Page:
sectorplot([G;1],Q)

Figure contains an axes object. The axes object contains an object of type line. This object represents untitled1.

The plot shows that the sector index is less than 1 at all frequencies. Therefore, the trajectories of G(s) fit within in the specified sector Q at all frequencies.

Examine the sector plot of a 2-output, 2-input system for a particular sector.

rng(4,'twister');
H = rss(3,4,2); 
Q = [-5.12   2.16  -2.04   2.17
      2.16  -1.22  -0.28  -1.11
     -2.04  -0.28  -3.35   0.00
      2.17  -1.11   0.00   0.18];
sectorplot(H,Q)

Figure contains an axes object. The axes object contains 2 objects of type line. This object represents H.

Because H is 2-by-2, there are two lines on the sector plot. The largest value of the sector index exceeds 1 below about 0.5 rad/s and in a narrow band around 3 rad/s. Therefore, H does not satisfy the sector bound represented by Q.

Plot the relative sector indices of a model with complex coefficients and a model with real coefficients on the same plot.

rng(0)
A = [-3.50,-1.25-0.25i;2,0];
B = [1;0];
C = [-0.75-0.5i,0.625-0.125i];
D = 0.5;
Hc = [ss(A,B,C,D);1];
Hr = [rss(5);1];
Q = [1 0.1;0.1 -1];
sectorplot(Hc,Hr,Q)
legend('Complex-coefficient model','Real-coefficient model','Location','southwest')

Figure contains an axes object. The axes object contains 2 objects of type line. These objects represent Complex-coefficient model, Real-coefficient model.

In log frequency scale, the plot shows two branches for models with complex coefficients, one for positive frequencies, with a right-pointing arrow, and one for negative frequencies, with a left-pointing arrow. In both branches, the arrows indicate the direction of increasing frequencies. The plots for models with real coefficients always contain a single branch with no arrows.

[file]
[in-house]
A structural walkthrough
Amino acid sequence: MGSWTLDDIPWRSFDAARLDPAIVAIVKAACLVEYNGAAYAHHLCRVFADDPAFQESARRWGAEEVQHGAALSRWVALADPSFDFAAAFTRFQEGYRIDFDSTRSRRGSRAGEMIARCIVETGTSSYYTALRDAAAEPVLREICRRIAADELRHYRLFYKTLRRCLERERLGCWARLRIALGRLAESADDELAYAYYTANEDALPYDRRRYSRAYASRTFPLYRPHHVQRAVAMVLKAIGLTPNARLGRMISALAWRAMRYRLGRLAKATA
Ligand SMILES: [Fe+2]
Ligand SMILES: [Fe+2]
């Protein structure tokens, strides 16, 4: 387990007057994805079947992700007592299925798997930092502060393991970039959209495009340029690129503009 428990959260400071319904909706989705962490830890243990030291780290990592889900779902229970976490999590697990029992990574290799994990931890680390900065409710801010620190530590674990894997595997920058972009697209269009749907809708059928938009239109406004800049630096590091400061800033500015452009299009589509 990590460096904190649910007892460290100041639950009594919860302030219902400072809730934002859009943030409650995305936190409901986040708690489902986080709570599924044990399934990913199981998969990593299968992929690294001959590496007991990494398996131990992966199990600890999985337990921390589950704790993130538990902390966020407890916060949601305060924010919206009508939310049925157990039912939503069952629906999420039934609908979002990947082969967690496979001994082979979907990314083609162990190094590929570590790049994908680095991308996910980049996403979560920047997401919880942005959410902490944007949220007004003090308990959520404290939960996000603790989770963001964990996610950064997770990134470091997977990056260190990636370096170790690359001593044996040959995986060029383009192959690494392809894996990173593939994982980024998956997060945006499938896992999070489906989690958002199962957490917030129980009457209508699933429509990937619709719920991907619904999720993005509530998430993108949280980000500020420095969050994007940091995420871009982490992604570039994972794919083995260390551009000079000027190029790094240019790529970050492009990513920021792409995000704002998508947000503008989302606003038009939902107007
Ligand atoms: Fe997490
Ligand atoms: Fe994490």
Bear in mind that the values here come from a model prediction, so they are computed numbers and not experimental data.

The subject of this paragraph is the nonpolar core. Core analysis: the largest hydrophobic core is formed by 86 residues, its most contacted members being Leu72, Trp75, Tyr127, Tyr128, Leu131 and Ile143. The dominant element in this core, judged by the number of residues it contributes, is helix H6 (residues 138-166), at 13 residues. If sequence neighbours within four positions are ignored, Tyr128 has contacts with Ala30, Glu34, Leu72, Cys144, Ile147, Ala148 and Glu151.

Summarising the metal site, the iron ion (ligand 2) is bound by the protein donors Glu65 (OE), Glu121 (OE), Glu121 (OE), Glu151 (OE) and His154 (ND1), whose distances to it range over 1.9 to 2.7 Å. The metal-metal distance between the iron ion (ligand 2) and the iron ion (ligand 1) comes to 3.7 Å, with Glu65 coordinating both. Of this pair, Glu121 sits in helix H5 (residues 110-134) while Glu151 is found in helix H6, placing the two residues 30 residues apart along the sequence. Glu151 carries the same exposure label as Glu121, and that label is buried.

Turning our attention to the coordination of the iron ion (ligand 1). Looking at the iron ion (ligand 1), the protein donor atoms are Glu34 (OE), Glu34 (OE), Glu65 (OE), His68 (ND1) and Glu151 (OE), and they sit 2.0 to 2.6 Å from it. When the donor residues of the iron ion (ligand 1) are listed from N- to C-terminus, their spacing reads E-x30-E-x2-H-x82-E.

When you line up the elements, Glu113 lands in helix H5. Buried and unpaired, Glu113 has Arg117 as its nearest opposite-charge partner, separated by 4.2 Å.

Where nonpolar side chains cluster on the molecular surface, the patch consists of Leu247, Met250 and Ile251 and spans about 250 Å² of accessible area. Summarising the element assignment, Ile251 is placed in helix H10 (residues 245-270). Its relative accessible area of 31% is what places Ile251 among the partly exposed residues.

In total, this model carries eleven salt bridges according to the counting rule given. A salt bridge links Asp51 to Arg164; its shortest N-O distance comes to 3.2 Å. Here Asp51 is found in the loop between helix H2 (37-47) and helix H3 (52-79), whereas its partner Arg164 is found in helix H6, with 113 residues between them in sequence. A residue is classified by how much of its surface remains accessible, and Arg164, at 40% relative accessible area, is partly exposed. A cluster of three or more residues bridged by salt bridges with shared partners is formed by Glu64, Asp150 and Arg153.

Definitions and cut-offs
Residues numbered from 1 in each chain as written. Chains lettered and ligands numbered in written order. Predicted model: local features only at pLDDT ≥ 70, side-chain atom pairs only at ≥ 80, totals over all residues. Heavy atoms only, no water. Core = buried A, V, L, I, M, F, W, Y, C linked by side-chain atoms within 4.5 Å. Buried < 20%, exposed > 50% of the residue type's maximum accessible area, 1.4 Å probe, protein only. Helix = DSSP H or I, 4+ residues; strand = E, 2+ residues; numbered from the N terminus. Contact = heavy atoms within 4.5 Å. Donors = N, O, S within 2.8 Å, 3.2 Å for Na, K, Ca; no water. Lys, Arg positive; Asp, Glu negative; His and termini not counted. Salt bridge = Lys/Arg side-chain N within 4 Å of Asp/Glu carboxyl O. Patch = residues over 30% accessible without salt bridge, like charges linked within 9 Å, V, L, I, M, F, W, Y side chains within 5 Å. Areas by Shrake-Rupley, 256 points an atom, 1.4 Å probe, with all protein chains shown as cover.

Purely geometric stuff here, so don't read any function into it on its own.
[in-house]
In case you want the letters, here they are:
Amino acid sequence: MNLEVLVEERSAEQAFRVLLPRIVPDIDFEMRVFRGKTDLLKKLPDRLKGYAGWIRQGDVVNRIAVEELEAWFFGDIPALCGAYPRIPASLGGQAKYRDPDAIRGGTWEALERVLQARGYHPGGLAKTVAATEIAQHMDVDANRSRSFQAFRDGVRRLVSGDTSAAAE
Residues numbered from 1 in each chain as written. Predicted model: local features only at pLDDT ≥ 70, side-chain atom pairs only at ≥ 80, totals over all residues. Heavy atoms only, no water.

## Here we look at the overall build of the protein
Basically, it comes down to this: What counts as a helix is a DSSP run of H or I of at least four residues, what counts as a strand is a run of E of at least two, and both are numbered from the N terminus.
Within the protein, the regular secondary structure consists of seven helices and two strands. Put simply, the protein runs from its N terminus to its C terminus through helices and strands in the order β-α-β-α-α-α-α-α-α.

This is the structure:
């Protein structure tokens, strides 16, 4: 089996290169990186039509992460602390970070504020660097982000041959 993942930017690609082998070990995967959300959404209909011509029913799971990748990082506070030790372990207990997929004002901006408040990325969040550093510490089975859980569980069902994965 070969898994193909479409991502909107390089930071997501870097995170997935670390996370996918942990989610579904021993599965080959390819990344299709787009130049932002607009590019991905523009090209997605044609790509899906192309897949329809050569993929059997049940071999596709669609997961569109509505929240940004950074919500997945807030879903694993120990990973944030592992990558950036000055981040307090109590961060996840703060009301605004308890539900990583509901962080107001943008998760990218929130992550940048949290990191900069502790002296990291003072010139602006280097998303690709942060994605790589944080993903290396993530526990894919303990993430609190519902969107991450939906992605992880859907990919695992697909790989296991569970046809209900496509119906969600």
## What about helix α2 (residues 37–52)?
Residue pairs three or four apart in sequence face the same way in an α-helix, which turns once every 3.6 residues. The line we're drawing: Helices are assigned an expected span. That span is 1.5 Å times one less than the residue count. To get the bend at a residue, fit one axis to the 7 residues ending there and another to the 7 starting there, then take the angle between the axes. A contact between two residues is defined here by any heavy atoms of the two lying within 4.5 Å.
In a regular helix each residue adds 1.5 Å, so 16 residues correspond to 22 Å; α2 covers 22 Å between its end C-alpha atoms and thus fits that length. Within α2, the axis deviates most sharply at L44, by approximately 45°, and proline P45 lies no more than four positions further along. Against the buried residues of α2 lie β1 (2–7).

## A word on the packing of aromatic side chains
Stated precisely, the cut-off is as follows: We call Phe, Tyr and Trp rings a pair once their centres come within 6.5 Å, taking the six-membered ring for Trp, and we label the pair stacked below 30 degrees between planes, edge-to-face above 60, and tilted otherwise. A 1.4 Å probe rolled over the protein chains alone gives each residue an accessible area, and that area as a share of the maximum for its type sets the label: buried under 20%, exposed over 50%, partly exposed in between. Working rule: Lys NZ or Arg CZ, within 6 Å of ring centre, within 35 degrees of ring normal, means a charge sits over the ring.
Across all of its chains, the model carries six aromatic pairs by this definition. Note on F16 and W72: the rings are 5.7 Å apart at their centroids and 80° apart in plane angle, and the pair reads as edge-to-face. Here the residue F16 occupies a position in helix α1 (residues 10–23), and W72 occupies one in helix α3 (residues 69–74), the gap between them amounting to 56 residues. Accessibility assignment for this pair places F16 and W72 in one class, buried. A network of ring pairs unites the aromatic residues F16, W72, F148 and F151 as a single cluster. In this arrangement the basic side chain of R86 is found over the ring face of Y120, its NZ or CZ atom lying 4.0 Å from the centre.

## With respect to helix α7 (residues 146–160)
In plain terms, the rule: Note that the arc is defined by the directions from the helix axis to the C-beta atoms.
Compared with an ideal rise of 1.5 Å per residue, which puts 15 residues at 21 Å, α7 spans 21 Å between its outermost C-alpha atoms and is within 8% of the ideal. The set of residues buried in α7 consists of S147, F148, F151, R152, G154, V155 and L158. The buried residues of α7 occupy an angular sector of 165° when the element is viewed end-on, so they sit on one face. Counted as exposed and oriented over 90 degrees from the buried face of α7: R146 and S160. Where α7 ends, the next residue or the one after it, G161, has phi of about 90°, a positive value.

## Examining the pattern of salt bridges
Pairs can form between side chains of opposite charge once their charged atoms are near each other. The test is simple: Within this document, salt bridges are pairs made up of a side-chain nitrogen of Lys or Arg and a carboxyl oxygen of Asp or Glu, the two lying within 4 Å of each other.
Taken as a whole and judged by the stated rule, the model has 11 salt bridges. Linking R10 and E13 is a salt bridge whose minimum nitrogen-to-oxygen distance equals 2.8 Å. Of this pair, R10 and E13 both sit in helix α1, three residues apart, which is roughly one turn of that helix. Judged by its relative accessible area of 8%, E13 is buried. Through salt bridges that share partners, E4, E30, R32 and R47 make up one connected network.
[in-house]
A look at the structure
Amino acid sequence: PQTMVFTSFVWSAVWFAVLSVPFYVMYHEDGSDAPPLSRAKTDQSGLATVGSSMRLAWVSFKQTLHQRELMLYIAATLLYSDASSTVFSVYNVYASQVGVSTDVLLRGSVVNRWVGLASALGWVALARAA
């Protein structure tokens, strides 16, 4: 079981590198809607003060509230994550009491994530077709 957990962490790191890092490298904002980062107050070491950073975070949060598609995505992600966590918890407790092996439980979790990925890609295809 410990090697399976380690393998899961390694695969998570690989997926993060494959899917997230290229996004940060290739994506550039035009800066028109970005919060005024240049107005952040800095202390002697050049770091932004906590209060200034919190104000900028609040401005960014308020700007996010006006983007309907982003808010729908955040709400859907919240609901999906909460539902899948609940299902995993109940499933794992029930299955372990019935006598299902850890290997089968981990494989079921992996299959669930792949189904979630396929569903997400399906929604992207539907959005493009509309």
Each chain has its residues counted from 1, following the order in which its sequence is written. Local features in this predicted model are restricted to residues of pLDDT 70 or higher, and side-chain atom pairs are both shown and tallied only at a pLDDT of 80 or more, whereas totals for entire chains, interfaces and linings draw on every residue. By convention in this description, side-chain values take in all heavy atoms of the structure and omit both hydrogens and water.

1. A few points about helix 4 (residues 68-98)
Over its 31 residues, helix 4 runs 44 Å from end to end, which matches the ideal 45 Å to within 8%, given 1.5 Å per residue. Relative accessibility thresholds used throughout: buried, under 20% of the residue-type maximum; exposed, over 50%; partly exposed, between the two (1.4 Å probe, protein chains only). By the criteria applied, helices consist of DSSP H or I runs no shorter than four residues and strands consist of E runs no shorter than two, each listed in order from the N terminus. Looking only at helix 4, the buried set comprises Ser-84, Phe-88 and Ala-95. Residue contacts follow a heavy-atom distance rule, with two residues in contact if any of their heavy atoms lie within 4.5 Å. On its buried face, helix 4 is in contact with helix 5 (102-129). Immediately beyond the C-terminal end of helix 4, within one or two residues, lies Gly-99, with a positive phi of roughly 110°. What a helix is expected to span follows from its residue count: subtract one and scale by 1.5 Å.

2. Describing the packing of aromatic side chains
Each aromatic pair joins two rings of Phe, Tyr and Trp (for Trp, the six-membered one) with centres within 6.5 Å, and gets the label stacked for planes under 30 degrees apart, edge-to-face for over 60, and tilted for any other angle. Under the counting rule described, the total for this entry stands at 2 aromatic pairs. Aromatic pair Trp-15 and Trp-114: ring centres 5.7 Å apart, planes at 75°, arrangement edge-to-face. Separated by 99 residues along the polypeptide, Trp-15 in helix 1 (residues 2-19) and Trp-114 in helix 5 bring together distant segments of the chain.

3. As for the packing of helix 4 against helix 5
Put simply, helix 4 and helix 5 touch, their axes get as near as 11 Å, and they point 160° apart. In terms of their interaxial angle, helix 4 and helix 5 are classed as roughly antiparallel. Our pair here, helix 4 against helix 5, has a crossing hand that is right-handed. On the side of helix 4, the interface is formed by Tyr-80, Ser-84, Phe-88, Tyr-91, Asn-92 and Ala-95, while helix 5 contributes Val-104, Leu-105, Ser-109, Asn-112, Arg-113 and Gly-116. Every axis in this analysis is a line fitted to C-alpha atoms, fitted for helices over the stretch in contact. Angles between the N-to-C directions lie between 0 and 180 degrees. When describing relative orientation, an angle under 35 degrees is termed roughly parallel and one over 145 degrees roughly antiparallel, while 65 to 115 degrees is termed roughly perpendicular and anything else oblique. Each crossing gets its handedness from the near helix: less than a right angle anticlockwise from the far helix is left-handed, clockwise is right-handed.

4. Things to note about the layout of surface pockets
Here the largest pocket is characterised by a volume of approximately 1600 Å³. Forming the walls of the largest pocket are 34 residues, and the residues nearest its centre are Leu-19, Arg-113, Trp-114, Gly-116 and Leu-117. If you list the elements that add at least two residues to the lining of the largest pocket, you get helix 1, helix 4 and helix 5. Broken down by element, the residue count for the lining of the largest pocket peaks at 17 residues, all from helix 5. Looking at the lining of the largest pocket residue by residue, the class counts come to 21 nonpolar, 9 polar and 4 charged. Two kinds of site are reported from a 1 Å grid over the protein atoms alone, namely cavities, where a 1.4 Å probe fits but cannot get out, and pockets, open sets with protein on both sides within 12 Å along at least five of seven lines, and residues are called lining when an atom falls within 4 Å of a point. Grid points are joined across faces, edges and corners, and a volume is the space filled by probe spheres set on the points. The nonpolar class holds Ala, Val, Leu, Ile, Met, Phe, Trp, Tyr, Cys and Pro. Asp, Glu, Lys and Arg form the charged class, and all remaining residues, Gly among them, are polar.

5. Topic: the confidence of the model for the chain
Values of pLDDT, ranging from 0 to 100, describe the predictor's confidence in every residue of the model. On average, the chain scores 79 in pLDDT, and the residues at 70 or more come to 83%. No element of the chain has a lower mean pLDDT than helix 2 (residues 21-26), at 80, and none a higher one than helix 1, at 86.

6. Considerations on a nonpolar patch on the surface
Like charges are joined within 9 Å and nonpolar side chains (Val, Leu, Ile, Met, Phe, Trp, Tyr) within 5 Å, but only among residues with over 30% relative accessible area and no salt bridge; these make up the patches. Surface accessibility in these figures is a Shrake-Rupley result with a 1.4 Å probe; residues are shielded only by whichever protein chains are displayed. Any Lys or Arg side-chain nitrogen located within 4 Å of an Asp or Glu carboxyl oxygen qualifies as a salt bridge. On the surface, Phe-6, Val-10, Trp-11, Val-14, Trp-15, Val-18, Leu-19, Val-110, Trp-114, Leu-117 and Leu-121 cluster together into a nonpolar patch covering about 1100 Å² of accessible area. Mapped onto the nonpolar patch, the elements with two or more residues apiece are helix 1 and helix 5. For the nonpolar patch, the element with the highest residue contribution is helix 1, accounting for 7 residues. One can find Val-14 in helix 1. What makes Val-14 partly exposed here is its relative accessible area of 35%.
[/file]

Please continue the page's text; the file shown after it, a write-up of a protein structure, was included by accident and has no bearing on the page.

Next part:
Set the plotting frequency scale to linear.

opt = sectorplotoptions;
opt.FreqScale = 'Linear';

Plot the indices.

sectorplot(Hc,Hr,Q,opt)
legend('Complex-coefficient model','Real-coefficient model','Location','southwest')

Figure contains an axes object. The axes object contains 2 objects of type line. These objects represent Complex-coefficient model, Real-coefficient model.

In linear frequency scale, the plots show a single branch with a symmetric frequency range centered at a frequency value of zero. The plot also shows the negative-frequency response of a model with real coefficients when you plot the response along with a model with complex coefficients.

Input Arguments

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Model to analyze against sector bounds, specified as a dynamic system model such as a tf, ss, or genss model. H can be continuous or discrete. If H is a generalized model with tunable or uncertain blocks, sectorplot analyzes the current, nominal value of H.

To analyze whether all I/O trajectories (u(t),y(t) of a linear system G lie in a particular sector, use H = [G;I], where I = eyes(nu), and nu is the number of inputs of G.

If H is a model array, then sectorplot plots the sector index of all models in the array on the same plot. When you use output arguments to get sector-index data, H must be a single model.

Sector geometry, specified as:

  • A matrix, for constant sector geometry. Q is a symmetric square matrix that is ny on a side, where ny is the number of outputs of H.

  • An LTI model, for frequency-dependent sector geometry. Q satisfies Q(s)’ = Q(–s). In other words, Q(s) evaluates to a Hermitian matrix at each frequency.